John Iiams, Jr., early settler, veteran of the battle of Concepción and siege of Bexar, son of Mary (Haslett) and John Iiams, was born in Ohio in 1808, and after a Louisiana sojourn moved to Texas with his father, brother, and stepmother, Tabitha (Kincade), in 1822. Until his father died he lived at Cedar Point and recorded details of Southeast Texas settlement. As a bachelor he applied in 1831 for a headright in one of Stephen F. Austin's colonies. For years Iiams lived with the Enoch Brinson family in Harris County, where he assisted with truck farming and helped milk thirty or forty cows. He took food by sea to Galveston. While living in Houston in 1874, he helped C. Anson Jones, son of Anson Jones, document the years of Texas settlement. He is chiefly known to history as one of the patriots who rowed to Galveston in April 1836 to report the victory at the battle of San Jacinto to the ad interim government.
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C. C. Cox, "Reminiscences of C. C. Cox," Quarterly of the Texas State Historical Association 6 (October 1902, January 1903). C. Anson Jones, "Extracts from an Historical Sketch of Harris County," in James Burke, Jr., Burke's Texas Almanac and Immigrant's Handbook for 1879 (Houston, 1879; facsimile, Austin: Steck-Warlick, 1969). Adele B. Looscan, "Harris County, 1822–1845," Southwestern Historical Quarterly 18–19 (October 1914-July 1915).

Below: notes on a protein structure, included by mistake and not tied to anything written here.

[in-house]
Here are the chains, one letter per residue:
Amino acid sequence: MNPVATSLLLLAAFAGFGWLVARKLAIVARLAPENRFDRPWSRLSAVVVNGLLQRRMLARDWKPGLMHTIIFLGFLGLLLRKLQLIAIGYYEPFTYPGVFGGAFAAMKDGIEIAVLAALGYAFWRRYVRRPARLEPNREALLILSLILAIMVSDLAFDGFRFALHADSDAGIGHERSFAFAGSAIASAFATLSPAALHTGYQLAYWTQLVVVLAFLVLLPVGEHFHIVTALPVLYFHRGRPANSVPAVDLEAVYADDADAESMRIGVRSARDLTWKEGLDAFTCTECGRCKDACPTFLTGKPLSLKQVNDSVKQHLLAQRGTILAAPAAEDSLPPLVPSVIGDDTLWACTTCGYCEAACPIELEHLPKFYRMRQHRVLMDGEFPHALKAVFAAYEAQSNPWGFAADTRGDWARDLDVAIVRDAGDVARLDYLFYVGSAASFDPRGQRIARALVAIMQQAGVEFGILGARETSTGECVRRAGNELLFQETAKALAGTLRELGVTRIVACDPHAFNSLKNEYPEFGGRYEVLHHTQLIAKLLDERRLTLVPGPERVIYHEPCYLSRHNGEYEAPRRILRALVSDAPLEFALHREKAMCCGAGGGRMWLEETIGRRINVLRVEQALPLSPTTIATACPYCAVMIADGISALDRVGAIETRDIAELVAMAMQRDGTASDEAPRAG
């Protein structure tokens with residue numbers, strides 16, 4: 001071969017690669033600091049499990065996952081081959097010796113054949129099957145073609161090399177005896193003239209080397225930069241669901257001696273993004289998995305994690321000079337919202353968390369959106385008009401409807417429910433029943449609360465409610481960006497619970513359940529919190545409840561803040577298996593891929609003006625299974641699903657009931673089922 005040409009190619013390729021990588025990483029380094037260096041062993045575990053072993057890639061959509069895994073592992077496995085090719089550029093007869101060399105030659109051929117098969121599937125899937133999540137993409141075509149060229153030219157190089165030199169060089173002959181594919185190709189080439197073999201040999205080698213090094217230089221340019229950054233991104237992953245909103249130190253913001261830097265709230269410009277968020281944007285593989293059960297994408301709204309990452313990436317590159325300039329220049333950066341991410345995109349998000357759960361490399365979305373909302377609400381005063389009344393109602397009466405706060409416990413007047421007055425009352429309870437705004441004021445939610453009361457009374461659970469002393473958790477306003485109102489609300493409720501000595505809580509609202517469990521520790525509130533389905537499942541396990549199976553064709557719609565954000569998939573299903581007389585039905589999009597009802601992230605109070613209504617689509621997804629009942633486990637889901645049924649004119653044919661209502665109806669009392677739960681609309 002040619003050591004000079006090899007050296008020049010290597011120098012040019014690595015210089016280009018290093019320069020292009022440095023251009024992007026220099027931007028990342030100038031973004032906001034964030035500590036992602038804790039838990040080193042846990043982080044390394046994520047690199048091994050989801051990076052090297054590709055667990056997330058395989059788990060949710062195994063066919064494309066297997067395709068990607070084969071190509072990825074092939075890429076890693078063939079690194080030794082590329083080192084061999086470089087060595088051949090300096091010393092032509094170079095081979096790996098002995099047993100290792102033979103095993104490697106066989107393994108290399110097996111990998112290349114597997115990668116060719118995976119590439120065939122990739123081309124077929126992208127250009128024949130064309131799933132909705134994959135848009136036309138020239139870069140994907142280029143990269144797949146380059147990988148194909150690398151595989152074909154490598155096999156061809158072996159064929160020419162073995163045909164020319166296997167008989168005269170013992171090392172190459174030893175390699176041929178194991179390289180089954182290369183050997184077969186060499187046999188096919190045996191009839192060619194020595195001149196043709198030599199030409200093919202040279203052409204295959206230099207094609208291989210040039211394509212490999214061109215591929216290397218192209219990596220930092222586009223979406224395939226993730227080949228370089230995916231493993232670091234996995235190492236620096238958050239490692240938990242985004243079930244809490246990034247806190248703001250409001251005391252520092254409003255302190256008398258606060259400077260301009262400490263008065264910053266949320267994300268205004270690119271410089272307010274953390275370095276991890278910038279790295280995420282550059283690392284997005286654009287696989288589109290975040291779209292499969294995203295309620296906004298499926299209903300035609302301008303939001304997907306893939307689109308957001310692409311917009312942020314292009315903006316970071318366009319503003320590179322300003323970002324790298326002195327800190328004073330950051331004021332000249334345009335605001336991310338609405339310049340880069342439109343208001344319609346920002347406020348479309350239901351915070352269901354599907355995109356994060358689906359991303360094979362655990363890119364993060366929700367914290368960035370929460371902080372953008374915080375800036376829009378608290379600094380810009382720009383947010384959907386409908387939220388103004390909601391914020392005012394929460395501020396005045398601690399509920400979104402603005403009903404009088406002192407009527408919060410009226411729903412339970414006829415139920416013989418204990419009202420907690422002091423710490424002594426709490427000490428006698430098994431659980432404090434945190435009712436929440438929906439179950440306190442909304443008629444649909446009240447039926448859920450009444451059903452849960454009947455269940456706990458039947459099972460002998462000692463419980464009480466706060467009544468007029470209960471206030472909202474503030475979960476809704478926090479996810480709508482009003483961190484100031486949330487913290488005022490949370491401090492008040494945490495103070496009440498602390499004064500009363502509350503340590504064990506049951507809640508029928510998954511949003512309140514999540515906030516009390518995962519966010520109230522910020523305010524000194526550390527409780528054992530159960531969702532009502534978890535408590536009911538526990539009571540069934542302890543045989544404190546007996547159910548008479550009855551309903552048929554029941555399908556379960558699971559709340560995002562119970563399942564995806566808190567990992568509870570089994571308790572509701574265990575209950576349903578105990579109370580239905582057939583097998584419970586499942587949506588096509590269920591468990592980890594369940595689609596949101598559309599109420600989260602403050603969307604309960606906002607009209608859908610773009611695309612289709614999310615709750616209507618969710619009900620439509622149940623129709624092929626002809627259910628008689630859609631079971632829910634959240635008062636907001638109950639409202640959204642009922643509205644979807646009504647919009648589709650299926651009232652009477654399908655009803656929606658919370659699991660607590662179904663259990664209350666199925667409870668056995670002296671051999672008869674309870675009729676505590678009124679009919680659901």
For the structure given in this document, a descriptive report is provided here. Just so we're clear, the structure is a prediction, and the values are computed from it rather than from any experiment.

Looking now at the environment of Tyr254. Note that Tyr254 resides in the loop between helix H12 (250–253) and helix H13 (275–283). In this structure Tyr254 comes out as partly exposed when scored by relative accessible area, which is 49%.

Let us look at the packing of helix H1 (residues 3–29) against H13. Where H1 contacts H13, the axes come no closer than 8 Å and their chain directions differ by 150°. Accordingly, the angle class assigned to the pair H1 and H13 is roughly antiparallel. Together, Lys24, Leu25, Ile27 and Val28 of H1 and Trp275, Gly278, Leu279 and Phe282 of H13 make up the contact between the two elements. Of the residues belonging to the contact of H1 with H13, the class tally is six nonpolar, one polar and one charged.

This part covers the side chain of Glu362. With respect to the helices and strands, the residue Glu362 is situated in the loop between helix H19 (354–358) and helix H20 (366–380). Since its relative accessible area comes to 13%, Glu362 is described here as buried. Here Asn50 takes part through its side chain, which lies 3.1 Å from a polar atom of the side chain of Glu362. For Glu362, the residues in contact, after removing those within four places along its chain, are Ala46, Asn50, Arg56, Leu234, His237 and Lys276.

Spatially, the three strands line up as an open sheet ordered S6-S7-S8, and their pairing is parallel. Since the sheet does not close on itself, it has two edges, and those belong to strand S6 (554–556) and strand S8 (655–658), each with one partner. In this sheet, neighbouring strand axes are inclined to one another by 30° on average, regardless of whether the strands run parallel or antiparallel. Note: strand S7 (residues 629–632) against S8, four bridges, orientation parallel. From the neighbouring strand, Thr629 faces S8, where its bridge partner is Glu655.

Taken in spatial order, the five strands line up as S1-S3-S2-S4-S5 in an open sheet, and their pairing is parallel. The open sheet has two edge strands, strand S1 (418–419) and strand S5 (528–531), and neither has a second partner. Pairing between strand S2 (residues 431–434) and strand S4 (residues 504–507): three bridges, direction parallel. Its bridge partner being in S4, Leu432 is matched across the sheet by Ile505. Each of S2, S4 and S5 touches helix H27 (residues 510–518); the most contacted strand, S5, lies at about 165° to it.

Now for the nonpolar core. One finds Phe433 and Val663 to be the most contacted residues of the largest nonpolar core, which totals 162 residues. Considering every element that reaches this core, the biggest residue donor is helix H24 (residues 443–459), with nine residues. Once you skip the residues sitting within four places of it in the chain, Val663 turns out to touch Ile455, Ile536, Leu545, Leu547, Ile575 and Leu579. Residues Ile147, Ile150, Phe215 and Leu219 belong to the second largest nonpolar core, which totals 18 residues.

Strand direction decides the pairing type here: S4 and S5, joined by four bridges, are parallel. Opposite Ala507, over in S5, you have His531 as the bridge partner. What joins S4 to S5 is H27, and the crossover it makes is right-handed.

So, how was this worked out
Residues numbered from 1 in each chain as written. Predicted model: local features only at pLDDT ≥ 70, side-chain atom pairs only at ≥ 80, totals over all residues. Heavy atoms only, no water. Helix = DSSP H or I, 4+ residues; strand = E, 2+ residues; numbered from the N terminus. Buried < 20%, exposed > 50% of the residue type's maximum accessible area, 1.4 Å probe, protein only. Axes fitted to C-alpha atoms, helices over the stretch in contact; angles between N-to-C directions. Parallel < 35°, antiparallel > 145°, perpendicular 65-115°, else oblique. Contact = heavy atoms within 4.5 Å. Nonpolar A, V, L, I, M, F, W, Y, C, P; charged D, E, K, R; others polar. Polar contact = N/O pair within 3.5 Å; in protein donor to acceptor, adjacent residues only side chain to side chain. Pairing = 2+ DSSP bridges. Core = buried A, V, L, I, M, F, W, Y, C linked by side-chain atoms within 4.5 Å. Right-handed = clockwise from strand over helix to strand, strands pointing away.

The following, adapted from the Chicago Manual of Style, 15th edition, is the preferred citation for this entry.
Deolece M. Parmelee,
“Iiams, John, Jr.,”
Handbook of Texas Online,
accessed May 23, 2022,
Published by the Texas State Historical Association.
Original Publication Date:
Most Recent Revision Date:
February 9, 2019